Niraparib treatment alters the proportion and function of immune cells in vivo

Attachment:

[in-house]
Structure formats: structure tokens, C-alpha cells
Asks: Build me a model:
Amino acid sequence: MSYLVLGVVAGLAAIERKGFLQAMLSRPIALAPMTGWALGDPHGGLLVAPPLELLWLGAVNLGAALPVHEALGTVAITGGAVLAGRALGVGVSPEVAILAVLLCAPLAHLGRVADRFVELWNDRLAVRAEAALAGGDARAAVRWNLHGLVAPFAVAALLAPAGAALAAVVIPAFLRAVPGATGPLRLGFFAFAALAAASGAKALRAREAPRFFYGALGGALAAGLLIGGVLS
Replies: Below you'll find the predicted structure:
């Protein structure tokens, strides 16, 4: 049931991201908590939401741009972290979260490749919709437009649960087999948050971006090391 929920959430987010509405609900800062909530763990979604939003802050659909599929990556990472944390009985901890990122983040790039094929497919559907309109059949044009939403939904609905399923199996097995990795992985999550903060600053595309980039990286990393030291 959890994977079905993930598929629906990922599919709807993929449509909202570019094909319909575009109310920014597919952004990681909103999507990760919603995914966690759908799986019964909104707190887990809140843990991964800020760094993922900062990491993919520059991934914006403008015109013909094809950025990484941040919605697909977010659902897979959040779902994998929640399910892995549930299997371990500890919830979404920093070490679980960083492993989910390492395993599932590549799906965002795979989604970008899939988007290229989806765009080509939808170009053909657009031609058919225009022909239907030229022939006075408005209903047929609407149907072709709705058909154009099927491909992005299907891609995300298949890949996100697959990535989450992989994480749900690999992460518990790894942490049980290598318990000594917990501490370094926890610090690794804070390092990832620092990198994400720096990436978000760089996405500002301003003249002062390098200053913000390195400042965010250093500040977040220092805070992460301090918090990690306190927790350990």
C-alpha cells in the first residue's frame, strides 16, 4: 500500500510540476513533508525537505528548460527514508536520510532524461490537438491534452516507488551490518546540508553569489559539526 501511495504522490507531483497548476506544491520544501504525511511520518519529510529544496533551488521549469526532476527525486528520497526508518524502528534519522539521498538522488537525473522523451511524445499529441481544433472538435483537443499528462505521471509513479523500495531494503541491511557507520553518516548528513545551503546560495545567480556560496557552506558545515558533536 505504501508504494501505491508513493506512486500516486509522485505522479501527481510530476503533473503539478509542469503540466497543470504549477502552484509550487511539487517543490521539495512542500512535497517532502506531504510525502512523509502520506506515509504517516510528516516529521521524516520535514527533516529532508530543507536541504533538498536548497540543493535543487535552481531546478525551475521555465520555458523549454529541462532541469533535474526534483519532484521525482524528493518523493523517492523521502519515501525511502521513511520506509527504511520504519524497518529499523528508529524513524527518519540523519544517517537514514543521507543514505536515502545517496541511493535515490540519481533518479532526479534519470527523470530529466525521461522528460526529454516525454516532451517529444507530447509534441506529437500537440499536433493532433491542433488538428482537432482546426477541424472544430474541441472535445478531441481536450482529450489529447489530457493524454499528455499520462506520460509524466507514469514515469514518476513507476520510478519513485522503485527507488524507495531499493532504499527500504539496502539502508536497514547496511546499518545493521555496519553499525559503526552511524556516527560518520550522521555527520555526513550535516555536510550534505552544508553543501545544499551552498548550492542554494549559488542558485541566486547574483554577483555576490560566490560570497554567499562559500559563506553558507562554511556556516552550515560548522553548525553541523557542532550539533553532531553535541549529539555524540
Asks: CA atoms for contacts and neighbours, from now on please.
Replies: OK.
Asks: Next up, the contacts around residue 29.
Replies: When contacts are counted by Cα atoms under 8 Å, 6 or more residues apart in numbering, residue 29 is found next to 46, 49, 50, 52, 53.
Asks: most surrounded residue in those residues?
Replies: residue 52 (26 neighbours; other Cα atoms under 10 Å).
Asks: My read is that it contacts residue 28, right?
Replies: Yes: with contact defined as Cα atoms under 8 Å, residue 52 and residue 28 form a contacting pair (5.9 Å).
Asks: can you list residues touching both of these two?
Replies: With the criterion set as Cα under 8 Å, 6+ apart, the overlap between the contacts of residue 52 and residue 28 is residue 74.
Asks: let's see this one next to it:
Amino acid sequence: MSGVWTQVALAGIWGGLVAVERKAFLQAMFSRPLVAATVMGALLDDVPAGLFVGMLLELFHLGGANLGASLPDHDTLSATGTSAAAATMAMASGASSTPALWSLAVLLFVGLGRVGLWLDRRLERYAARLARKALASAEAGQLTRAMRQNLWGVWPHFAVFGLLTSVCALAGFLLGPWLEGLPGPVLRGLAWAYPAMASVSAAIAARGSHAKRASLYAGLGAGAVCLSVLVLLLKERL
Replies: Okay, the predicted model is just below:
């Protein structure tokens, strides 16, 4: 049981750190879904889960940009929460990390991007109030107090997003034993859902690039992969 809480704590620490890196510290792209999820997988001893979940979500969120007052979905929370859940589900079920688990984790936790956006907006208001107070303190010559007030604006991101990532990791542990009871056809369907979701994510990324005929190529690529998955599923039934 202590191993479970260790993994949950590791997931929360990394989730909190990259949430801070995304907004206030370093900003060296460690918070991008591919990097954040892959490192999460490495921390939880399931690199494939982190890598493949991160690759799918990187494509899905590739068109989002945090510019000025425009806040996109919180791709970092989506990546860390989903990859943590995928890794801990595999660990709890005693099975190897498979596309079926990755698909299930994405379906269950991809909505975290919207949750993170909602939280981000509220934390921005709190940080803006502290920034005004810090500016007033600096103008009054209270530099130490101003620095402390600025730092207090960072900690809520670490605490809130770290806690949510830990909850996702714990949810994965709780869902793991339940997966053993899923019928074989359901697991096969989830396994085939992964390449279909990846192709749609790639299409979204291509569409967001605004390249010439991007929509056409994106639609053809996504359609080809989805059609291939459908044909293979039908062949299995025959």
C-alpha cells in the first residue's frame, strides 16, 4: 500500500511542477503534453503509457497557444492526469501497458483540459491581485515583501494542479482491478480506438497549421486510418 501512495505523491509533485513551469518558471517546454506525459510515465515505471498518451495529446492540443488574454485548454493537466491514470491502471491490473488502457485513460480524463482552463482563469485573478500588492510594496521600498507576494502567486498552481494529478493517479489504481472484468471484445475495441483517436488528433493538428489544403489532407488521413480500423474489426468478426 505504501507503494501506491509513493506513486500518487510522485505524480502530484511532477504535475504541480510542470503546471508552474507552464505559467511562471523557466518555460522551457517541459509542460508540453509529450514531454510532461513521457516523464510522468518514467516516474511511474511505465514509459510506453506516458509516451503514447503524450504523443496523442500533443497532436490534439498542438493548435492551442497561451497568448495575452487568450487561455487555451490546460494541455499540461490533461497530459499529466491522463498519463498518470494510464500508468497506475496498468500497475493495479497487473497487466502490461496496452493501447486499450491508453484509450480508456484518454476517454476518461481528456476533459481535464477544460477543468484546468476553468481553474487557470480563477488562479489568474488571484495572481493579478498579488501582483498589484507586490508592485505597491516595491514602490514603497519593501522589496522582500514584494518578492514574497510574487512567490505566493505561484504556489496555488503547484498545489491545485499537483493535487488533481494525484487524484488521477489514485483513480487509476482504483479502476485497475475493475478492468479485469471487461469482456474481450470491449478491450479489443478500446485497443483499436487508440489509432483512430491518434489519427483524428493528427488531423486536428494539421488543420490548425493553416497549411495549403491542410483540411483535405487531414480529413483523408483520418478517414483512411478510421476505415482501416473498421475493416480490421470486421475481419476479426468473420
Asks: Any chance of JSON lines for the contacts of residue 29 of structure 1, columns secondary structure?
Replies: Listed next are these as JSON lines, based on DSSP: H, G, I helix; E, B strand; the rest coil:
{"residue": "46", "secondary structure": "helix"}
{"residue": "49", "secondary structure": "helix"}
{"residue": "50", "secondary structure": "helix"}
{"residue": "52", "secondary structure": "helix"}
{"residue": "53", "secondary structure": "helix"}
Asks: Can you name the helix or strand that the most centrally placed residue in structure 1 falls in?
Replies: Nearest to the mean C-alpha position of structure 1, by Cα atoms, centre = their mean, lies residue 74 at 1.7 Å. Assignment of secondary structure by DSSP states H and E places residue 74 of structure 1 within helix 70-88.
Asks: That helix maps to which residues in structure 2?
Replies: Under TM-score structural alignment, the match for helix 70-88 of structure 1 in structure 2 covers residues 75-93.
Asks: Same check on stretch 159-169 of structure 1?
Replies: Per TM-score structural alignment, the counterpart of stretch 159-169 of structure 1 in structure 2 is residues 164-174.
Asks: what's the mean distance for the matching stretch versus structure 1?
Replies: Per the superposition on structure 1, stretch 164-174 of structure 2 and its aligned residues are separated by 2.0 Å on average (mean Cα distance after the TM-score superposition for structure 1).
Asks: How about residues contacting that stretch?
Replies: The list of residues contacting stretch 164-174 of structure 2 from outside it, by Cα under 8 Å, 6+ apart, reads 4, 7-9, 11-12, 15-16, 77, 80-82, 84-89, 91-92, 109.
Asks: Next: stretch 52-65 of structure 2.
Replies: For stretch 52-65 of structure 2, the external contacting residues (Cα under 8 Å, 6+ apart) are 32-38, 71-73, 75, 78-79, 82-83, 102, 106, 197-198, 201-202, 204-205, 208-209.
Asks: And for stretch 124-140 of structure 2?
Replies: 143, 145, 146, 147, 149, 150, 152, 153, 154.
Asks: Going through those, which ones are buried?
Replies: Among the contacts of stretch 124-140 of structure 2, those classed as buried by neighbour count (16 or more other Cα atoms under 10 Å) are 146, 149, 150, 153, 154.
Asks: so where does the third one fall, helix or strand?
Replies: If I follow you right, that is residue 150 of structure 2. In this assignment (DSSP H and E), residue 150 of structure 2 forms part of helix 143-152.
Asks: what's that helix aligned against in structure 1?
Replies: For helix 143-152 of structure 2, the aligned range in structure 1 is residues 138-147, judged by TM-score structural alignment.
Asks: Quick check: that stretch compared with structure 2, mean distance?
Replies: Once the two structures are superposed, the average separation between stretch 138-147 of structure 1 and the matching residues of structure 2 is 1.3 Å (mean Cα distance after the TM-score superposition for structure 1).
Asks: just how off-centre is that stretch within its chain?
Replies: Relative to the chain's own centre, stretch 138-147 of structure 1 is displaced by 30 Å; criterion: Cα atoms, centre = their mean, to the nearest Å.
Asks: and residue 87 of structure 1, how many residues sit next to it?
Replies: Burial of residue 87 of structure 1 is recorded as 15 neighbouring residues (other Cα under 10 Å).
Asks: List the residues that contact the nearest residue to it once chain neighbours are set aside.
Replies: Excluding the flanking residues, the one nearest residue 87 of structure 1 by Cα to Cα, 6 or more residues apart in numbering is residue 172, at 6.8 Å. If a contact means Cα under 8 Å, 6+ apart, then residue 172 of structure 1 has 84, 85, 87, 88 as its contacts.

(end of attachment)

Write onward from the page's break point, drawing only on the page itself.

PD-L1 binds with PD-1 and transmits inhibitory signals to the cells, which can induce apoptosis and incapacitation of CD8+ T cells. However, the expression and relationship between PD-L1 and CD8 on ovarian cancer is still lacking in sample studies and the correlation of PARP1, PD-L1 and CD8 remains unclear. Seventy-two patients with high-grade serous ovarian cancer were included in the retrospective analysis of our study to determine the relationship between PARP1, PD-L1, and CD8 (Table 3). IHC images showed the different expression of PARP1 in normal ovarian tissues and ovarian cancer tissues (Fig. 3A). The log-rank test and KMplotter analysis showed that ovarian cancer patients with increased PARP1 protein expression had poorer overall five-year survival (Fig. 3B). IHC images showed the expression of PD-L1 and CD8 in normal ovarian tissues and ovarian cancer tissues (Fig. 3C). And the result from GEPIA (Gene Expression Profiling Interactive Analysis) database revealed that PD-L1 had a positive correlation with CD8 (Fig. 3D). However, there was no direct correlation between PARP1, PD-L1, and CD8, considering the limited samples. To better elucidate the impact of Niraparib on immune cells, we collected peripheral blood of three patients receiving Niraparib treatment and compared the levels of T lymphocytes and cytokines. The clinical characteristics of the three patients were shown in Table 4. The results revealed that the proportion of CD4+ and CD8+ T lymphocytes decreased in one of the Niraparib-treated patients, while the proportion of CD3+, CD4+, and CD8+T lymphocytes increased in other two patients and cytokines secreted by T cells increased in three patients (Fig. 3E–K).